How Does Creatine Work?
Creatine is a natural metabolite that is synthesized from l-arginine and glycine in the process of protein synthesis. It is this ability that has made creatine quite popular among athletes seeking an edge over their competitors. Creatine is a key player in the energy production process, and it is well-established that high amounts of energy provide a competitive edge in all aspects of life, including workouts. For this reason, creatine has been proven to increase exercise tolerance and enhance athletic performance. The ability of creatine to improve exercise performance has been demonstrated in multiple studies, some of which are summarized below.
Stimulation Of Protein Synthesis
Research has shown that creatine increases the body’s ability to adapt to exercise by boosting the production of adenosine triphosphate (ATP), the body’s energy supply. ATP is an important factor in muscle contraction and relaxation, as well as in the body’s natural defense against infection. One study showed that when ATP levels are high enough in the muscle, they are able to trigger the release of chemicals that stimulate protein synthesis. High levels of protein synthesis lead to increased muscle mass, which, in turn, enhances athletic performance and the ability to get off the couch and exercise. This is why consuming protein shakes after working out has become so popular. It is generally accepted that consuming protein shakes will help promote muscle growth and repair, which in turn, produces a more efficient and harder-working physique.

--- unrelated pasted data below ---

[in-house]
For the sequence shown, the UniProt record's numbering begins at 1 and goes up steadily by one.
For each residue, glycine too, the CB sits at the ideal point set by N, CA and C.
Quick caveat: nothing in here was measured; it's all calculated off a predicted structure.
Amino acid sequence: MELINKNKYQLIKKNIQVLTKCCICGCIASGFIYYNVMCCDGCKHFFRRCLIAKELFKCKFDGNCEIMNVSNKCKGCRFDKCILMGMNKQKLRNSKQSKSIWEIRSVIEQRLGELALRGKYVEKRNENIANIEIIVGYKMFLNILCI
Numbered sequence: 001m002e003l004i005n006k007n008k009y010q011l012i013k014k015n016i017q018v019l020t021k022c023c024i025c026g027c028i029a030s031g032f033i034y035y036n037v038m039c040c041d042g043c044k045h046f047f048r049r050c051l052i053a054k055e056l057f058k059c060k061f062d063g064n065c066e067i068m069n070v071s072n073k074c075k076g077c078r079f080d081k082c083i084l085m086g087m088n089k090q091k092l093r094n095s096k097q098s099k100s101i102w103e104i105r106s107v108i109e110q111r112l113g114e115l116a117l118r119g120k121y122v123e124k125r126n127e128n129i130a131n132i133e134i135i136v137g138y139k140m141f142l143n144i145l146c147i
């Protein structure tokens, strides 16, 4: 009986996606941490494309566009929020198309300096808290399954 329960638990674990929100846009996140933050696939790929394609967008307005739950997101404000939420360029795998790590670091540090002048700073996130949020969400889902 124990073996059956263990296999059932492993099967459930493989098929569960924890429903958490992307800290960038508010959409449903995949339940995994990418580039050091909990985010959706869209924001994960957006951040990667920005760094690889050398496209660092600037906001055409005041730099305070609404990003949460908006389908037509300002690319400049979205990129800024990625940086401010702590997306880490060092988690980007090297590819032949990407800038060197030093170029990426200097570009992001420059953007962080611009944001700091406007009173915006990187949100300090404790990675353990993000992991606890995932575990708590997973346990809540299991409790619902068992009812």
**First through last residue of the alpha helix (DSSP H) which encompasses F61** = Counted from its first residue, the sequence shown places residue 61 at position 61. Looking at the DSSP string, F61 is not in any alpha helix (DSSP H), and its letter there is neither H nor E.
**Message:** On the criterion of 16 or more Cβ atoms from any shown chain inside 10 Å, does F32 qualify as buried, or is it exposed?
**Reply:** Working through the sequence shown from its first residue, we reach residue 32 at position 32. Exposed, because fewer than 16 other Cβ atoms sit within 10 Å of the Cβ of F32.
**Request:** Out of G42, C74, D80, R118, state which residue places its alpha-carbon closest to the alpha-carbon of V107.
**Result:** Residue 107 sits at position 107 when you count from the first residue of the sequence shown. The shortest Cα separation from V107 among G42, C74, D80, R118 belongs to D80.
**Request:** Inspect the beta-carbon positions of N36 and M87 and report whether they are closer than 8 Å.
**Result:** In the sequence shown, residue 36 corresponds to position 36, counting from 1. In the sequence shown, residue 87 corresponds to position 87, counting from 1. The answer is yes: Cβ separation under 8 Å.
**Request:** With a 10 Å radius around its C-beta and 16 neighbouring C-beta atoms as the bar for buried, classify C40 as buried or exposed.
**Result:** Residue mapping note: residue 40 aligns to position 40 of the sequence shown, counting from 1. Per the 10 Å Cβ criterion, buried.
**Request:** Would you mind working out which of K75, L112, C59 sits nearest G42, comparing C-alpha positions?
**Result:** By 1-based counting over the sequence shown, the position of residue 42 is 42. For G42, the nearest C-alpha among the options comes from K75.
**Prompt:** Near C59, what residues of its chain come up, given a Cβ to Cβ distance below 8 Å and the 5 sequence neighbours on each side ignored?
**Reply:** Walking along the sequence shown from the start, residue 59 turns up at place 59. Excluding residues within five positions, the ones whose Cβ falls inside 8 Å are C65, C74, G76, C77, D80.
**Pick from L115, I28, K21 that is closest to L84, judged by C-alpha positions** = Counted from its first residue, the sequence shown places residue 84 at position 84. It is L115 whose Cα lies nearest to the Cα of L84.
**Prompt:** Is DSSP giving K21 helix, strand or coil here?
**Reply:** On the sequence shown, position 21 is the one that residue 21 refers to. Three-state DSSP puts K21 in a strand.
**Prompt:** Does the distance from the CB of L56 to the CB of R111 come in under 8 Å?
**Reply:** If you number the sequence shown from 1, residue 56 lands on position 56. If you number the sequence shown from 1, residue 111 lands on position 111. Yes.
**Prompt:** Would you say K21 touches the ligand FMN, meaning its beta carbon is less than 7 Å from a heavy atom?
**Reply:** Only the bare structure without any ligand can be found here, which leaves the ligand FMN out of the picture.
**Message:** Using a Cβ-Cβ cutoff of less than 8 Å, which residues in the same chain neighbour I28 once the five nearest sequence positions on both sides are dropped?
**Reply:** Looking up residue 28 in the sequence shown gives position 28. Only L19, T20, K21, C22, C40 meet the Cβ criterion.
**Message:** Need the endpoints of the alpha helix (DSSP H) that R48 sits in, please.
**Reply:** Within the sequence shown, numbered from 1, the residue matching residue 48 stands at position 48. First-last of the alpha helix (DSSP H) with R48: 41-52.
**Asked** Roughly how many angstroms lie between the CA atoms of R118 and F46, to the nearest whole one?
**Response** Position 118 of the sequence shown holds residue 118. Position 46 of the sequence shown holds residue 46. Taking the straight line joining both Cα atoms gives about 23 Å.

Reduces Fatigue And Improves Wellness